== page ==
The politics of Nigel Lawson’s argument on climate change, set on in his book An Appeal To Reason, is roughly as follows. Britain contributes only a small percentage of the world’s carbon dioxide emissions, developing countries will continue to carbonise their economies, and thus all over-rapid decarbonisation is likely to achieve in Britain is to shift those emissions abroad. In other words, the planet won’t be saved but voters will be hit – particularly poorer ones who simply can’t afford energy bills that rise faster than prices.
Decarbonisation should proceed as briskly as possible, given our dependence on energy supplies from dangerous and unstable parts of the world. But this raises the question of how brisk briskness can really be, especially in the context of our fragile growth, the threat to living standards, and the plight of poorer voters. Whatever one believes about the human contribution to climate change – and indeed about whether global warming is taking place at all – Lawson’s take on the politics of the issue is very shrewd.
What’s more important isn’t so much Huhne’s politics as his policies. It’s true that his dash for windmills is supported by David Cameron, who since his earliest leadership days has seen industrial decarbonisation as political decontamination, and that the Energy Secretary’s plan was signed up to by both parties in the Coalition Agreement. But the bright young generation on the Conservative backbenches will be thinking about the future and have an eye on abroad – on Australia, for example, where a carbon tax is causing a Labour Government grief.
Conservative leadership abroad in the Anglosphere, and sometimes elsewhere, is very cool about global warming. It stresses adaptation and technological innovation rather than mitigation alone. There is an example here for those Tory MPs to follow. Conserving the environment is about more than the global warming debate. We don’t want soil to be eroded, water to be exhausted or species to be lost. We don’t like badly designed buildings and estates, or landscapes that are despoiled by wind farms – a reminder that environmental considerations can cut both ways.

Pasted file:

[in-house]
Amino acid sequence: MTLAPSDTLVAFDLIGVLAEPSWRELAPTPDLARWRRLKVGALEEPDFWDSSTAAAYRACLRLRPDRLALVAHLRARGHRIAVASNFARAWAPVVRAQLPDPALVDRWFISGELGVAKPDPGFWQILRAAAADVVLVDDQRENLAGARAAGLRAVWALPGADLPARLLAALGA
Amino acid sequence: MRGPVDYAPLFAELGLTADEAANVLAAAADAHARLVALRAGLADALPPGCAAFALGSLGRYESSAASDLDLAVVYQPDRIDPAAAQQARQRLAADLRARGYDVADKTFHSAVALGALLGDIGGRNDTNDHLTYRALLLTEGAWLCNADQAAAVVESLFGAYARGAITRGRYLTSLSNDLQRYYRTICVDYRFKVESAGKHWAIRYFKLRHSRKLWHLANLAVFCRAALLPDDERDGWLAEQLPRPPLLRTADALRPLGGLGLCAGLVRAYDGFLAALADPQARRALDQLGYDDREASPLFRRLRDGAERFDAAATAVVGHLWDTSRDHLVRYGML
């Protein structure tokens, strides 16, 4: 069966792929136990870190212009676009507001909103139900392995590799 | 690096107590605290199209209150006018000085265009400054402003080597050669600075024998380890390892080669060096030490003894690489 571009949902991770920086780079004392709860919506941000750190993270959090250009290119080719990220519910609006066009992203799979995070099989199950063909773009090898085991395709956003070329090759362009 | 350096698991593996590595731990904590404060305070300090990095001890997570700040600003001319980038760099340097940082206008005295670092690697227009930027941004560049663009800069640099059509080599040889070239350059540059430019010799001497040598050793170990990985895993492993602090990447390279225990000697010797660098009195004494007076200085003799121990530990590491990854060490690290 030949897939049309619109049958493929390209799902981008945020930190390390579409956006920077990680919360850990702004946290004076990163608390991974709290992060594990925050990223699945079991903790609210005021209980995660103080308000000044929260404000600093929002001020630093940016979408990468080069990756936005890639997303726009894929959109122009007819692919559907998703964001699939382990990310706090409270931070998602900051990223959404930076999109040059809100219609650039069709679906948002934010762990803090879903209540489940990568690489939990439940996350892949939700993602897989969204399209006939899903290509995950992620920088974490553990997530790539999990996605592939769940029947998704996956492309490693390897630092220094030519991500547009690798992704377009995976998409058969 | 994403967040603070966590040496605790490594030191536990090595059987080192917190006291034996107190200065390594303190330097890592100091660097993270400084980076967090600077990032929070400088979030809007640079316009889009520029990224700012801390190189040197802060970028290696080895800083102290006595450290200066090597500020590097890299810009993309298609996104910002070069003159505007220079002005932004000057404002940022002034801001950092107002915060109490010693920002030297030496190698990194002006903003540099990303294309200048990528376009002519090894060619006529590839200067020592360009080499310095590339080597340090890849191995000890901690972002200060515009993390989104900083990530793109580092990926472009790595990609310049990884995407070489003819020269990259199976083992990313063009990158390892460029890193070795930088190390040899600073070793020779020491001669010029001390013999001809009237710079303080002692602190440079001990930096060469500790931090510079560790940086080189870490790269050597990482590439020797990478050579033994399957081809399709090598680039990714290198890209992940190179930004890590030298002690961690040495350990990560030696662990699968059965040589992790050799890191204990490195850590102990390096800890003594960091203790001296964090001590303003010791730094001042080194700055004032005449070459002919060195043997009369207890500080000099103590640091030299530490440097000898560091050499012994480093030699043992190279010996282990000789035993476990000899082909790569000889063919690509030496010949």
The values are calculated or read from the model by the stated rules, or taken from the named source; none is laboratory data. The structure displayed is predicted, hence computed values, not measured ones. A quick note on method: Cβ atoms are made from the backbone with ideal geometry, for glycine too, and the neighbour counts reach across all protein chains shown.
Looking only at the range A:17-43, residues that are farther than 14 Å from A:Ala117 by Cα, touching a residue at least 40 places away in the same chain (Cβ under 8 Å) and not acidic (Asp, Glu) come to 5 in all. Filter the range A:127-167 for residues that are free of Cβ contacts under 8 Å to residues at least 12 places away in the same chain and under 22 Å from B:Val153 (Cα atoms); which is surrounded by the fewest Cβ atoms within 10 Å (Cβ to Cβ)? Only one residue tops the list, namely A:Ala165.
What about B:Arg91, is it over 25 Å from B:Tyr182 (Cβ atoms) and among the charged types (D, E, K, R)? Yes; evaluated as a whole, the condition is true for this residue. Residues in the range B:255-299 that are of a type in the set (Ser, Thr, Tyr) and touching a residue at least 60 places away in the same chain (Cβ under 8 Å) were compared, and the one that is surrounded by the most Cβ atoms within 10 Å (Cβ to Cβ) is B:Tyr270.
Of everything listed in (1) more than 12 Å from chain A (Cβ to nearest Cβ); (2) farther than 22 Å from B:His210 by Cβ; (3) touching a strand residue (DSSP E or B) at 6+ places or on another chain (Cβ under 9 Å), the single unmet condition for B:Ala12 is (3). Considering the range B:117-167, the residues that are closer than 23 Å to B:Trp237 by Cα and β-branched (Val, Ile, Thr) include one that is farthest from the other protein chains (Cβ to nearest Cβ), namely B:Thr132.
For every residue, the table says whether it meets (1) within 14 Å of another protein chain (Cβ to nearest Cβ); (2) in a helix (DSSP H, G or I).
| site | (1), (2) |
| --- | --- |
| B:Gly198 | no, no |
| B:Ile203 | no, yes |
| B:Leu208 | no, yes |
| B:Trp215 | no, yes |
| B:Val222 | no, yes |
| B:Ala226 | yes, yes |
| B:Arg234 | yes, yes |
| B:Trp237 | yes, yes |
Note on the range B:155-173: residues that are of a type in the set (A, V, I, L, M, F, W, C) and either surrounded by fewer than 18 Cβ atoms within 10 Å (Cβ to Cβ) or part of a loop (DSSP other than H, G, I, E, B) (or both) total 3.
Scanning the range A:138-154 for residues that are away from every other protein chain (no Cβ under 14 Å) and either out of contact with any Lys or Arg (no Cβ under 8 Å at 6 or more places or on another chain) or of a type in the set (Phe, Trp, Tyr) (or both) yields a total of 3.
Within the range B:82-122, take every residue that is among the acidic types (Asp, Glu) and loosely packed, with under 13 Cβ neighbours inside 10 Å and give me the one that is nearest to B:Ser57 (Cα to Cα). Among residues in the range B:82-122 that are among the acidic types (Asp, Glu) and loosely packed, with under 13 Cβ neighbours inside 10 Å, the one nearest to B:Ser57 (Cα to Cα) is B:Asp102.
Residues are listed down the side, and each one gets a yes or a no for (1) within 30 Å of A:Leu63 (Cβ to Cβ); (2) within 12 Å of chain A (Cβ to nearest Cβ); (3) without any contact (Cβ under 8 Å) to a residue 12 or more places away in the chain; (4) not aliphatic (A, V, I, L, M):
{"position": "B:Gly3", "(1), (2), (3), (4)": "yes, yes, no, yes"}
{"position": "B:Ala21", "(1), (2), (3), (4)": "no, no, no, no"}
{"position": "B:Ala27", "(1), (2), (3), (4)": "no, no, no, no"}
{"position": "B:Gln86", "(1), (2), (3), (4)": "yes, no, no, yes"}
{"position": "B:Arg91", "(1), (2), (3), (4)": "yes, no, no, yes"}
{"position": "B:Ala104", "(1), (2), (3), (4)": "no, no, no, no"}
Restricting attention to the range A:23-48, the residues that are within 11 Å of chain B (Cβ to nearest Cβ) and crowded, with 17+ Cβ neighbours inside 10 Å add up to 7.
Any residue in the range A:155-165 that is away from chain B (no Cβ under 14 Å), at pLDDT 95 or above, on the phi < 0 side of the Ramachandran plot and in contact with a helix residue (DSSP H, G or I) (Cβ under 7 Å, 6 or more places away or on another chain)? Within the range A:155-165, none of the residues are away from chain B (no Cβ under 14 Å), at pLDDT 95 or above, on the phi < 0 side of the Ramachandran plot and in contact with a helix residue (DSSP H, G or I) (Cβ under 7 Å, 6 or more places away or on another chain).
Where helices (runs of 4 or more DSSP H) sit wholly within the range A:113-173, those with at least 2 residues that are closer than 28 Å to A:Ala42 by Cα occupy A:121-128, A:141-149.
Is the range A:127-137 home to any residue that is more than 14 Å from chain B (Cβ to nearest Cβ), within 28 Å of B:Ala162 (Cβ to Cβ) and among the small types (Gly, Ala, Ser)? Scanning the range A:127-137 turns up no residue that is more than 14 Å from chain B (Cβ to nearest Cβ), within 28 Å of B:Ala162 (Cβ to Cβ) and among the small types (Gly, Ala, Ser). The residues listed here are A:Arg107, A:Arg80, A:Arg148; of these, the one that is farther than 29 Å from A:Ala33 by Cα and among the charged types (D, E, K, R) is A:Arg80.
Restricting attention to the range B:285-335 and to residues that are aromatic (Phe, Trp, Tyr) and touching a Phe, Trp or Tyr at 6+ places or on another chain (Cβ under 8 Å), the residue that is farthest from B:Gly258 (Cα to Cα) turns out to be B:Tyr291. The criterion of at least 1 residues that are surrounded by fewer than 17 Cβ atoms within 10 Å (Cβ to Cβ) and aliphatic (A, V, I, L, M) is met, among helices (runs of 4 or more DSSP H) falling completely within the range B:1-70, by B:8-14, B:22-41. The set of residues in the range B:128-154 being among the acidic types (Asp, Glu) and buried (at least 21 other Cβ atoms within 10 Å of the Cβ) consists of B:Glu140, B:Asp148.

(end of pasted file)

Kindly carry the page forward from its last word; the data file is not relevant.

Huhne’s speech, shorn of its ploys to bolster support from Liberal Democrat activists and gambits to evade blame for rising energy bills, essentially offered more of the same. Conservatives, faced with the orthodoxy about man-made global warming, have tended to date either to concede it, as the party leadership has done, or confront it, like a combative band of right-wing bloggers – and very few MPs, with the notable exception of Andrew Tyrie, Lawson’s former special adviser, during the last Parliament.
So there is space for enterprising Tory MPs to fill the gap that Tyrie’s election to the chair of the Treasury Select Committee has left. No less importantly, they have a chance to remind voters that enviromental protection is multi-faceted, and that the word “conservative” is only a stones-throw away from the word “conservation”. Not so long ago, the struggle for social justice was seen as of little interest to the right in Britain. Iain Duncan Smith’s work at the Centre for Social Justice changed all that. It provides an example to follow: we need a new CSJ, green-style.